Farm school starts real early. And on a Saturday, no less! Kinda like actual farming, I suppose…
I recently received an email from the Oregon State University Extension Service about the 2012 Small Farm School, so of course Kristina and I had our applications and a check in the mail before the ink was dry.
We had the chance to choose from classes on crop and livestock production, farm maintenance, small-scale equipment, soil and water conservation, and animal husbandry.
Small Farm School was a one-day event at Clackamas Community College in Molalla, Oregon. So much to learn! We wanted to take nearly every class they offered, but we had to narrow our choices to two. We decided to take a morning class in veterinary care, and a two-part afternoon course in the field for tractor operation and safety (Kristina also snuck into a fascinating class on soil sample analysis! This may not sound terribly thrilling, but it’s a great skill to have if you happen upon your dream farm land, but aren’t too sure if it’s as fertile as it is beautiful).
Seemingly overnight, the season changed from summer’s loafing stroll to the snappy step of fall to come. Not a cloud in the sky as we got up Saturday around 6 a.m. The air was a bite into a crisp, cold apple… and we were in search of hot coffee and tea… We are not morning people, but this particular, gorgeous morning reminded us how much easier it is to rise at the asscrack of dawn when you are doing so in order to pursue your passion (Self discipline note: I even swore off college football game day for school – That’s dedication!).
Starting out in the classroom, a place neither of us had been in several years, we were treated to a host of slides on parasites and treatment (host, get it?)!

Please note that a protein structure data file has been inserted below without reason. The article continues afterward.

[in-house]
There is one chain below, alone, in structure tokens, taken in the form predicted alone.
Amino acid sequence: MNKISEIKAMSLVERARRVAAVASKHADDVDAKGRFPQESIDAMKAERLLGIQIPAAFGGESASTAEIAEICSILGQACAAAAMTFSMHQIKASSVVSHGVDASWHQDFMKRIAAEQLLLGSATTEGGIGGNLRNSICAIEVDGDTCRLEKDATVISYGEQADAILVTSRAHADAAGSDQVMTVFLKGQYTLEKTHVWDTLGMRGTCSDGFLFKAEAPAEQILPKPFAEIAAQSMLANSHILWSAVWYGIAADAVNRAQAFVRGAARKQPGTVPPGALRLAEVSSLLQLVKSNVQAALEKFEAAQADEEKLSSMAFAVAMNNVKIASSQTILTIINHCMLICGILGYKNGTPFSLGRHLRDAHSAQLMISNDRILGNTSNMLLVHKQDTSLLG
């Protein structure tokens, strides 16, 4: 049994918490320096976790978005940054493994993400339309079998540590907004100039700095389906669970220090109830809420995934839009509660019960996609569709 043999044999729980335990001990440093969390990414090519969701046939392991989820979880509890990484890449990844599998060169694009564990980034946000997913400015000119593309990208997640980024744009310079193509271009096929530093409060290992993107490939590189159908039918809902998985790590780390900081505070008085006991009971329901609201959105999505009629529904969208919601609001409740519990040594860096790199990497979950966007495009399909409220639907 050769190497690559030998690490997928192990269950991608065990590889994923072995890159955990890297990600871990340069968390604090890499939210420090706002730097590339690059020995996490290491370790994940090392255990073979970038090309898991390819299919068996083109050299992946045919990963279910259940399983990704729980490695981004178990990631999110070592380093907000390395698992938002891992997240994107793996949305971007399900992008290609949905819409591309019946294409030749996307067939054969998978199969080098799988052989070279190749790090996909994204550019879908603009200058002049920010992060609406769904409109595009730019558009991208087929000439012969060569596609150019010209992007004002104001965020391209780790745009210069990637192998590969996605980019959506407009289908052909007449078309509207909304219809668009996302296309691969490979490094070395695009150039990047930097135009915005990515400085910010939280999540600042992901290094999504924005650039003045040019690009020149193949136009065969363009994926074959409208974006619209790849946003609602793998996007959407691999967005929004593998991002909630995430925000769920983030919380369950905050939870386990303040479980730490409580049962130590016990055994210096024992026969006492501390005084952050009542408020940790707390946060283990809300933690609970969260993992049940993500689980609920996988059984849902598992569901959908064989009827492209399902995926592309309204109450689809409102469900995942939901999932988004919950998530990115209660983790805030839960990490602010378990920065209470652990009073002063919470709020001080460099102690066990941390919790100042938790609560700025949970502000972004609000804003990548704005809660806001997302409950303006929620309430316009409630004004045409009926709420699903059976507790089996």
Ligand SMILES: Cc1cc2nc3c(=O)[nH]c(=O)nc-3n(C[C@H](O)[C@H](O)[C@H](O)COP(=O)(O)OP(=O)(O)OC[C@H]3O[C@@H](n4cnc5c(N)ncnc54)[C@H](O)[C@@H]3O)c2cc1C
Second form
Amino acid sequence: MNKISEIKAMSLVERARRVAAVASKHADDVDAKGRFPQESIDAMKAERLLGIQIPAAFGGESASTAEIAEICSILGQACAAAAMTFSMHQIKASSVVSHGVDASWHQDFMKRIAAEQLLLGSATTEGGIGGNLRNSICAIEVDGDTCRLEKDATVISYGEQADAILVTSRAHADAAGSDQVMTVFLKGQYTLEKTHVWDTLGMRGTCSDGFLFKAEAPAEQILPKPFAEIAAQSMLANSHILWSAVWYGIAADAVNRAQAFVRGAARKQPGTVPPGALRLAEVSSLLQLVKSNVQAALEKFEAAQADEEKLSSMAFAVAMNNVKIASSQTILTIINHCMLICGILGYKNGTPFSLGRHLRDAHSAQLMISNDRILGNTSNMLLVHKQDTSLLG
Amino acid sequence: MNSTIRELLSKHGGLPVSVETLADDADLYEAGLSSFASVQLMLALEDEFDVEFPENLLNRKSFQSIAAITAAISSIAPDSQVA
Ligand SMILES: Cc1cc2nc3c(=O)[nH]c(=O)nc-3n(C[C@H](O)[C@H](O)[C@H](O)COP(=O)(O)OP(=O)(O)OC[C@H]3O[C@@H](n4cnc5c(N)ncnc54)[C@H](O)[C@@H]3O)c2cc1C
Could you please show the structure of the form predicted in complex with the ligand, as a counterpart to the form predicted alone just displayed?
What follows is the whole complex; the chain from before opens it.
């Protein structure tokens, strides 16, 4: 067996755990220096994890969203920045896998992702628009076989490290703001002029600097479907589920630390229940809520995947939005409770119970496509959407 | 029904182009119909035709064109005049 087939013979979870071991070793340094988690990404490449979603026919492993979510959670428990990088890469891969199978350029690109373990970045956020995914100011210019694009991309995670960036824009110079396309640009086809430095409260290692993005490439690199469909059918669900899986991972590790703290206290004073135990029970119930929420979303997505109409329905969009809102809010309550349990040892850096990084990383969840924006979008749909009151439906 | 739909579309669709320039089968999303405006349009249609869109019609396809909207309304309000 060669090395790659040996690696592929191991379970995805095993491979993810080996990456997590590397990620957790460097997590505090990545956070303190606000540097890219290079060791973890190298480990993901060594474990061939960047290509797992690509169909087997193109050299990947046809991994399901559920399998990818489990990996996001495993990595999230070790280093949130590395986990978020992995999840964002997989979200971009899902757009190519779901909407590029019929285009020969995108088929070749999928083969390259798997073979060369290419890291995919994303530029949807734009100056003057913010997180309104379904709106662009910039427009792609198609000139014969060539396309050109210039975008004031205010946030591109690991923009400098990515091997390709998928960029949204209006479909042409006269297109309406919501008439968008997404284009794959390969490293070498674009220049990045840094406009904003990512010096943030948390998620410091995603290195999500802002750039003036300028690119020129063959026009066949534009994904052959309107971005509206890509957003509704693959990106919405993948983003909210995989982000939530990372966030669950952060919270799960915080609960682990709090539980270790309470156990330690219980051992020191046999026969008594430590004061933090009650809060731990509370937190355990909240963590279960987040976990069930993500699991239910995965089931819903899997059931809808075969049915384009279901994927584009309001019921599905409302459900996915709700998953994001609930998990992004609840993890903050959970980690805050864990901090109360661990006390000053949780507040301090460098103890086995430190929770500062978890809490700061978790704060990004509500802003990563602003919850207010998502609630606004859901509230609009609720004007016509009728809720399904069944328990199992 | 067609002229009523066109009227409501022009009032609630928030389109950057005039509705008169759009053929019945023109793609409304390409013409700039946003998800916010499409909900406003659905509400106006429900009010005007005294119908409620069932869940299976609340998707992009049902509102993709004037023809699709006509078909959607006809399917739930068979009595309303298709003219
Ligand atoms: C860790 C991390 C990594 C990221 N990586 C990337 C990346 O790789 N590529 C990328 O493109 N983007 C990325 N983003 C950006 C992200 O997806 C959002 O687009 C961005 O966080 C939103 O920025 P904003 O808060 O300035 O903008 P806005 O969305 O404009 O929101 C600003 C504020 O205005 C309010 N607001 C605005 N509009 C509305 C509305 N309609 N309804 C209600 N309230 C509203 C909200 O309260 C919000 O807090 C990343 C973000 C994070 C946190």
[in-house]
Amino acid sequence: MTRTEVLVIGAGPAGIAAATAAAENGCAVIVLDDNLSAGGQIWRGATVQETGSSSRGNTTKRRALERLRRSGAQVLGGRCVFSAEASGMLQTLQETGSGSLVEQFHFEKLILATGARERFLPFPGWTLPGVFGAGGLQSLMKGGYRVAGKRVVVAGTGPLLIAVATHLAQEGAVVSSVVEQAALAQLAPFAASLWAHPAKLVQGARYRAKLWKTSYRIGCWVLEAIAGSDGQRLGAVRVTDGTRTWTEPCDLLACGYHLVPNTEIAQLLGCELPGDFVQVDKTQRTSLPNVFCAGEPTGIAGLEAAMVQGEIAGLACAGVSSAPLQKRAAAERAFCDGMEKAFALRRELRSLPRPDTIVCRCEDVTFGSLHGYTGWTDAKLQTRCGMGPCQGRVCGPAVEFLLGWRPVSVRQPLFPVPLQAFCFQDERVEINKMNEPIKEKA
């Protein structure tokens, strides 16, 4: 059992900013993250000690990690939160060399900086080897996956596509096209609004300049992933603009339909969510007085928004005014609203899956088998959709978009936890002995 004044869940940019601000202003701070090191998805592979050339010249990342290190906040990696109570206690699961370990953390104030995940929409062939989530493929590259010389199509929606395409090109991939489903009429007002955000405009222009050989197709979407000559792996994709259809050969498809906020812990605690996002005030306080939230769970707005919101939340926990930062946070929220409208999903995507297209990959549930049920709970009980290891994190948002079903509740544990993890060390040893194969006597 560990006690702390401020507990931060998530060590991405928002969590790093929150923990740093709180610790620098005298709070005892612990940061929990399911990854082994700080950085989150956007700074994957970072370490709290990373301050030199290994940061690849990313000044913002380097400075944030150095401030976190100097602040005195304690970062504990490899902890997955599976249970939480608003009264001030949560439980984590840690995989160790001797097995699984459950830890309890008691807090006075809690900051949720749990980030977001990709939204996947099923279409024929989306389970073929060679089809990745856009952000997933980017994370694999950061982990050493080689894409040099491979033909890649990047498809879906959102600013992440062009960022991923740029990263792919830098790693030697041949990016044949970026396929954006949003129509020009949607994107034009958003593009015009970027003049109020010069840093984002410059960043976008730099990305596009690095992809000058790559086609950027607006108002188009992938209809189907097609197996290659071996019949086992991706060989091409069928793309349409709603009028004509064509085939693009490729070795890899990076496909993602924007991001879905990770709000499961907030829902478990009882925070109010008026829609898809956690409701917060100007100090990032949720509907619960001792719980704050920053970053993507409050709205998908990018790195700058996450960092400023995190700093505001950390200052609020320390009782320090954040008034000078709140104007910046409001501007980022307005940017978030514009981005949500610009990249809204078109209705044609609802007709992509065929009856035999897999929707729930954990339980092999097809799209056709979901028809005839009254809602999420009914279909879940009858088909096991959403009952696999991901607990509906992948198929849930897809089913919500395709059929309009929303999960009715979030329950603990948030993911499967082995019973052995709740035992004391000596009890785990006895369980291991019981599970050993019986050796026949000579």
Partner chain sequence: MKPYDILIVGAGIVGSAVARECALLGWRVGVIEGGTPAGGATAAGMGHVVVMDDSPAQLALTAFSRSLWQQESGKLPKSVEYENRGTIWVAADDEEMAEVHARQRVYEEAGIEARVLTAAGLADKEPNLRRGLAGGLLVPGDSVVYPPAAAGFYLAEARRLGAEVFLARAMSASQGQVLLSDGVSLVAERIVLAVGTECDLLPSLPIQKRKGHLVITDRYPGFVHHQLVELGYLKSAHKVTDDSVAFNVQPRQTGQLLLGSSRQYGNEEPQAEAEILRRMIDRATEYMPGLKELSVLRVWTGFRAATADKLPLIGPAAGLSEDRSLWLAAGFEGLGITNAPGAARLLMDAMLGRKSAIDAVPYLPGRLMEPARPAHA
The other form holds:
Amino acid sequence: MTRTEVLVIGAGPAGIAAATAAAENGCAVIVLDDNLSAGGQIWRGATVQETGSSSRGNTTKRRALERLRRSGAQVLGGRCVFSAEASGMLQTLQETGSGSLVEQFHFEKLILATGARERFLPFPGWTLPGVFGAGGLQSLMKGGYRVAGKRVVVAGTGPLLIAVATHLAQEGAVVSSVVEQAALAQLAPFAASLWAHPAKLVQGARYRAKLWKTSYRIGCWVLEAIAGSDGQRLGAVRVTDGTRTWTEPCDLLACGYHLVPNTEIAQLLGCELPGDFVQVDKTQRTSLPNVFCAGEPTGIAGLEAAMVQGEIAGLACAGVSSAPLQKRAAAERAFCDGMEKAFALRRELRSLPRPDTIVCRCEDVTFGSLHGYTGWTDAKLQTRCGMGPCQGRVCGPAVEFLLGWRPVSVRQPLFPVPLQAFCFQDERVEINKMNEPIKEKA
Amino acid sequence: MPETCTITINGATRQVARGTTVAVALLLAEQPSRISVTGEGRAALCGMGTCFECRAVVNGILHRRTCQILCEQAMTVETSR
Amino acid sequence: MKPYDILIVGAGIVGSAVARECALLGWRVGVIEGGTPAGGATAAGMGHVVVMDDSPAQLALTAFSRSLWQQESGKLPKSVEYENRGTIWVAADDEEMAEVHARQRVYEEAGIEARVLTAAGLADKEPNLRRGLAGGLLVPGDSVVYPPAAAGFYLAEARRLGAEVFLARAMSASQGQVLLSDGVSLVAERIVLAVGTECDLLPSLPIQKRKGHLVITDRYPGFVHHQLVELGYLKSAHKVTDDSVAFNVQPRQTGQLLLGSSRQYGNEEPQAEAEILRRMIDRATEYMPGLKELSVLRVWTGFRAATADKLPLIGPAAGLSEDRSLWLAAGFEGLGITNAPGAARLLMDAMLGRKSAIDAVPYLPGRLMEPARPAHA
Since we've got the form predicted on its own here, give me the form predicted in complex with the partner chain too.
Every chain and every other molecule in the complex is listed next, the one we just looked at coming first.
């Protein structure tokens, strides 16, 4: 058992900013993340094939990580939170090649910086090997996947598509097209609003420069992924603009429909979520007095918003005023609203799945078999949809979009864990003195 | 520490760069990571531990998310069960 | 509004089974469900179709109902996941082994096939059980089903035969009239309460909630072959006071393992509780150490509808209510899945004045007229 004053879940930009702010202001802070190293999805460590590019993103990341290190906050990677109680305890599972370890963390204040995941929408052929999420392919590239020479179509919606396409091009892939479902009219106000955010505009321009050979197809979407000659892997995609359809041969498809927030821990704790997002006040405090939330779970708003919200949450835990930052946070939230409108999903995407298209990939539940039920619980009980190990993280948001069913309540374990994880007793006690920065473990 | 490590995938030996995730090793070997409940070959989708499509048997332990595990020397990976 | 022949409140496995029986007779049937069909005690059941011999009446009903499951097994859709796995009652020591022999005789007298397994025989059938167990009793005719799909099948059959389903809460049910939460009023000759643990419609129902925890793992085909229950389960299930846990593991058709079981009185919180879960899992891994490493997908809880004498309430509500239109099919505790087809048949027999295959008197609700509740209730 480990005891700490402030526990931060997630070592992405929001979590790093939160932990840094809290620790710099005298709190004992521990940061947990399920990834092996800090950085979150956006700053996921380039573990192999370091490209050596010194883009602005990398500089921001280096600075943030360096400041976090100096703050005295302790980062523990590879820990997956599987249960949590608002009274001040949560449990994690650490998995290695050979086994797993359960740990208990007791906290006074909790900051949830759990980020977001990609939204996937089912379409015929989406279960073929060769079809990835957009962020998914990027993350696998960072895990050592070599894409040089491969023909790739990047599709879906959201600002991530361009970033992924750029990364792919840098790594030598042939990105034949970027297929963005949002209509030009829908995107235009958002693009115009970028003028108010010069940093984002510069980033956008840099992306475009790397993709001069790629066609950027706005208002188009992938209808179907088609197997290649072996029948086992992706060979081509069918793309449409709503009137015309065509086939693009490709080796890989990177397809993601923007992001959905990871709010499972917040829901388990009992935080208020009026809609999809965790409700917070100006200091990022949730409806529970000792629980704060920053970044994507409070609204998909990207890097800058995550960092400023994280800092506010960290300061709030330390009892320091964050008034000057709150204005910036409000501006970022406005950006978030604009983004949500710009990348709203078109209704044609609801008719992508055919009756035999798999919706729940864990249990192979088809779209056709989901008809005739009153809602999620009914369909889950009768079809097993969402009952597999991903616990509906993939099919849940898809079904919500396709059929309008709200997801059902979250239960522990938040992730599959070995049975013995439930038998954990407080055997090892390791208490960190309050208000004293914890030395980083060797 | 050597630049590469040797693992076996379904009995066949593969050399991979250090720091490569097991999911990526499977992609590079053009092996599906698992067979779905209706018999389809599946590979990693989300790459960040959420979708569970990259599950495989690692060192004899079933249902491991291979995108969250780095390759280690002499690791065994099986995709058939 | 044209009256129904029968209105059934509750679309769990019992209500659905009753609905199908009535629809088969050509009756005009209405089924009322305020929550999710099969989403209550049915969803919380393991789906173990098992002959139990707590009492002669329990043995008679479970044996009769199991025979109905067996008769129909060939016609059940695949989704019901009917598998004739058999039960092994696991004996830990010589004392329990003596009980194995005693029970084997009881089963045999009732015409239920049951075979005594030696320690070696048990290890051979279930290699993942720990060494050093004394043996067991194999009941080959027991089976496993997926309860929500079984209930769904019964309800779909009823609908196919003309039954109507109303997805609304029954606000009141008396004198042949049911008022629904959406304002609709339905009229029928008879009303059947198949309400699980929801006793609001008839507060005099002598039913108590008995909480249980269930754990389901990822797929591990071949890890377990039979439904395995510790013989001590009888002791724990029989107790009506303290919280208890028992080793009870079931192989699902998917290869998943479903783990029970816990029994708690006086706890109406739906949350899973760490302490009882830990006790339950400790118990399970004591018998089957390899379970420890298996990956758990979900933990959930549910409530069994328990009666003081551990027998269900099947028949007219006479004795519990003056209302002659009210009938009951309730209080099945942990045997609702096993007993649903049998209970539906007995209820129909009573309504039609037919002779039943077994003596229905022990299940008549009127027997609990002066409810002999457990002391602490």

We were fortunate to be in the company of others who are small farmers and livestock breeders; each student shared many of their own experiences along with our veterinarian teacher.
It was still quite chilly as we headed out into the field, past the hoop houses, greenhouses and compost displays to the animal pens. There, our vet demonstrated proper handling of the animals and taught us to administer vaccinations, take a temperature, care for hooves, and procure a stool sample…manually. So that’s what those elegant, elbow-length gloves are for!
We tended to sheep, alpaca, one horse, and some mini goats who had arrived in the back of their owners’ Subaru wagon.
We got a chance to measure the animals’ body fat and gauge them on a scale by feeling around the spine and hindquarters amid their bleats and baas.
Sheep flipping was a class favorite and looks like it takes some training.
Then it was out to the tractor field.
Our instructor Wynn and his wife run a small pig farm and teach tractor safety to high school kids by day. We got a look at a fantastic textbook from the 1980s with safety tips and illustrations… All still relevant, of course…
Wynn had to keep reminding himself he wasn’t teaching kids, and it seemed any moment he’d bust out the driver’s ed gore movies. It was a close guess though – he’d taught shop for 20 years.
Bottom line – the tractor is big and powerful as hell, so don’t flip it or run anyone over.
I was the first to volunteer to master the array of gears, speeds, directions and tools and away I went.
After a fantastic sandwich bar lunch at Farm School, we were able to meet some of the vendors and check out some info on small farm suppliers and soil enhancement techniques. We were on the lookout for materials to create a mini hydroponic greenhouse for herbs in ALFie, and one vendor in particular had exactly what we were looking for —
iCoir Coco Peat! iCoir’s Coconut Fiber is a more absorbant and renewable substance than peat moss and has many uses including animal bedding, composting toilets, a moisture retaining additive for garden soil, even as a medium for mushroom and hydroponic gardening — We picked up a few super compressed bales ourselves!